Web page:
Tonight is the big night, my friends. At the Scottrade Center in St. Louis Missouri at 6:00 PM, the Braggin’ Rights Game tips off in front of a split Midwestern crowd. The Illinois Fighting Illini look for a fourth straight win over the MIssouri Tigers in a storied tradition going back four decades. That’s right. The huge trophy resides in the Illinois case in the Scottrade Center.
Just because a non-conference college basketball rivalry doesn’t involve North Carolina, Duke, Kentucky or Kansas, doesn’t mean it’s not worth talking about.
1976 was the first edition of what was then called the “Show-Me Classic,” with Missouri edging the Fighting Illini 76-75 in Columbia. For four years, the series alternated between home games for the two schools until the 1980 edition, which was the first to be played in St. Louis Arena (home of the Blues). St. Louis is roughly equidistant between the two campuses, which both attract numerous students from the St. Louis metro area.
Illinois won the first game in St. Louis 84-62, but was defeated in overtime the next year by a Tigers squad ranked #13 in the AP poll. College Basketball Hall Of Fame inductees Norm Stewart and Lou Henson were the coaches in Columbia and Champaign, but it was Henson’s Illini that prevailed in every game from 1983 to 1990, by which time the crowds were regularly clocked at over 18,000 fans. Stewart finally got the best of Henson’s team again in 1991 to begin a four game winning streak that included an epic 108-107 win in triple overtime after Illinois missed five free throws in the last two minutes of regulation.
Illinois reclaimed the momentum in 1995 and won the next year’s game as well, which also marked the beginning of a streak of games with 22,000+ attendance (I’m not sure if they were all sellouts, but if not, they’re about as close as can be) that lasted until 2007. After suffering losses from 1997 to 99, the Fighting Illini reeled off a streak of 9 straight wins. The Bruce Weber era, however, ended with three straight losses to the Tigers, but Illinois has won the last three.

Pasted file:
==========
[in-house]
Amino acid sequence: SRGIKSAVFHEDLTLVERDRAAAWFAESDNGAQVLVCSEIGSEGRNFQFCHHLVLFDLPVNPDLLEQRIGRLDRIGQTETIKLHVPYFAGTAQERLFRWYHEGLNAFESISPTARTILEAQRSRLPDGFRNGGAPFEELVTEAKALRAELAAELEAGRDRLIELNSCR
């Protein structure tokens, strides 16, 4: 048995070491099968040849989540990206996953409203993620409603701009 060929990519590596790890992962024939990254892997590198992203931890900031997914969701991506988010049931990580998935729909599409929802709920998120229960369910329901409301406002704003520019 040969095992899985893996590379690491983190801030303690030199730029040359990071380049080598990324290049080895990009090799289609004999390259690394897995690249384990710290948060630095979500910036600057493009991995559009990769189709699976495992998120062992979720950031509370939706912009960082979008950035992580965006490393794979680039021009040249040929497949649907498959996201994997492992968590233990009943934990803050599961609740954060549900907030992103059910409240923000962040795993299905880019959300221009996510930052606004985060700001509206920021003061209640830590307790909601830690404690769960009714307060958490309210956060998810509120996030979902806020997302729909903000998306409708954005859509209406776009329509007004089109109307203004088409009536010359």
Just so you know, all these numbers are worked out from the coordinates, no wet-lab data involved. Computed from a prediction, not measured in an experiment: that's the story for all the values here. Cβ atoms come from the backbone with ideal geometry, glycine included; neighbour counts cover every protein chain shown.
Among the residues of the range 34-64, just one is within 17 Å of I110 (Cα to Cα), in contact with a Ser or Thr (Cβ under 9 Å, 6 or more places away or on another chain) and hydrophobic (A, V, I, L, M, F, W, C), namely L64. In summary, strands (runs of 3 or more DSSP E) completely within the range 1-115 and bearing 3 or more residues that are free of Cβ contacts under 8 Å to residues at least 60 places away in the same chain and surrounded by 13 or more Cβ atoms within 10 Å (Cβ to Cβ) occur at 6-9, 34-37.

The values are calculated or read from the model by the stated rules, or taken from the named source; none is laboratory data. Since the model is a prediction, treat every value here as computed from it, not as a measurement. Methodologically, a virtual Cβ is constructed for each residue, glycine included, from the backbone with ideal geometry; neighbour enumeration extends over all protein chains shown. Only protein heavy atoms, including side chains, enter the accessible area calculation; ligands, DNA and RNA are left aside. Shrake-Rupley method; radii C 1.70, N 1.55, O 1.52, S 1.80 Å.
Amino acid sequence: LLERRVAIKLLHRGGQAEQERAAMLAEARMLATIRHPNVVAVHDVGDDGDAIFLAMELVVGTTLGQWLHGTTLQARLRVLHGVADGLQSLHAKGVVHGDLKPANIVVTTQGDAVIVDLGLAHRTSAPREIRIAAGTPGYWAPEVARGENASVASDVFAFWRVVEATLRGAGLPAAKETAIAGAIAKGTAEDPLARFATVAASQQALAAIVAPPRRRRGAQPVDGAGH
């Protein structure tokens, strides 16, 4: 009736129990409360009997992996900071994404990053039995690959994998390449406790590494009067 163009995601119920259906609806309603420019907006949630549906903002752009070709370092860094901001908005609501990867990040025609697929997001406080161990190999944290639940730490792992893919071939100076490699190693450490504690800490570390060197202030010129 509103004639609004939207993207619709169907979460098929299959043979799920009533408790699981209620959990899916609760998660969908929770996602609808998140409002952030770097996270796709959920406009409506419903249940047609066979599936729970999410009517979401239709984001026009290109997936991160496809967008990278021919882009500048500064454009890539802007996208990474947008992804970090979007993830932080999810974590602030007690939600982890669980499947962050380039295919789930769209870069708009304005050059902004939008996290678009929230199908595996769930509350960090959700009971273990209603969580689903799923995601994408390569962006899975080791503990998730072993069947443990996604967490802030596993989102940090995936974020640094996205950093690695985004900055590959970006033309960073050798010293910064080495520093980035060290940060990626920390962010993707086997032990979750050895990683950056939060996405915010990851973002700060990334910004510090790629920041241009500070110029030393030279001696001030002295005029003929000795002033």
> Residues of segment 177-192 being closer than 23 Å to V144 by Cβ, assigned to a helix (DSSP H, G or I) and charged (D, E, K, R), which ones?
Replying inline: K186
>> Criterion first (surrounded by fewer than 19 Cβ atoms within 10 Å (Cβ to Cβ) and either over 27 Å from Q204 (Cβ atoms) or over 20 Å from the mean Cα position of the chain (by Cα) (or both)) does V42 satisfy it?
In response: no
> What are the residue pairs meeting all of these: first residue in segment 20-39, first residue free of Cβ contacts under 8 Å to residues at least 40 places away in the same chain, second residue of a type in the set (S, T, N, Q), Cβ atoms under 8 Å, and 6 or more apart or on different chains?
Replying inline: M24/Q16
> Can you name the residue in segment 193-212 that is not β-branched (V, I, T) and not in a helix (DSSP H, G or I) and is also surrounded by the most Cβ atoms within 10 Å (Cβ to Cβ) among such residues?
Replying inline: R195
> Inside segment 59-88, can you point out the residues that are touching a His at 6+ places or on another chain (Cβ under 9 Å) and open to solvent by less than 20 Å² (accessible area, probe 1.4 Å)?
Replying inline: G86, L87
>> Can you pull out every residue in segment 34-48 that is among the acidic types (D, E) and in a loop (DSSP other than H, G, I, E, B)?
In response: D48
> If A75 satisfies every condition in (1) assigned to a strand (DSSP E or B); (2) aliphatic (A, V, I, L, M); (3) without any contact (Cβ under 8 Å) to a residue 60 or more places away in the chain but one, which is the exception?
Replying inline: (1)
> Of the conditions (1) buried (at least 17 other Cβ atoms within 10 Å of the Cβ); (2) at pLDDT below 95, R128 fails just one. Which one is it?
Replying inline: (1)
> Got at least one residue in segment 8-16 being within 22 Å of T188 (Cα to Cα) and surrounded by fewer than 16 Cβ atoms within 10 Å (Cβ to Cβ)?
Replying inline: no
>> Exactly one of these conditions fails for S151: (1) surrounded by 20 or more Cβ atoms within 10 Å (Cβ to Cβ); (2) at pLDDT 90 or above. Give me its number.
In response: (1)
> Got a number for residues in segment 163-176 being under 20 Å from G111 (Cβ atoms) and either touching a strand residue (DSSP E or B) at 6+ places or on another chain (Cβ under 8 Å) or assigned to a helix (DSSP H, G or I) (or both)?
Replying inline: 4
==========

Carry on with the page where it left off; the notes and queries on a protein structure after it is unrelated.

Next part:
As I mentioned, it’s usually played in front of a huge split crowd, split right down the middle like the Texas State Fair:
Though the last three games have been decided by a total of nine points, attendance dropped to just over 14,000 last year.
So what happened?
Well, the simple truth is that both programs are on unusually long hiatus from the NCAA tournament and the fans have checked out. Illinois’ final record has gotten progressively worse under John Groce each of the four seasons he’s been in Champaign, and Frank Haith’s departure amidst a storm of NCAA violation investigation left Missouri basketball a smoldering crater that has won just 19 games in the past two years. For the third year in a row, neither team is in the AP Top 25 heading into this game. This is unprecedented in this rivalry; in fact, only the last two years and the ‘96 and ‘97 games featured consecutive unranked matchups. Both teams have been ranked heading into this game nine times, with three being top-10 matchups.
We’re far removed from those days, and though Illinois’ decay was gradual, Missouri’s has been sudden and severe. I was in the band for Illinois at the 2010 and 2011 editions and it was one of the coolest environments I’ve ever experienced at a sports event.
With John Groce attempting to guide an experienced squad to the NCAA tournament to prove he belongs, there are still stakes in this game. The Illini enter 9-3 with a four-game win streak, while Missouri is 5-5 against a more balanced schedule. Kim Anderson’s rebuild of Missouri may be a difficult process that might not happen, but a win against Illinois would go a long way towards instilling some confidence in the fanbase.
The Fighting Illini cannot let that happen.
It might not be what it once was, but it’s still important to plenty of us fans.
SO BEAT MIZZOU!
Sorry. I mean. BEAT MIZnOZ!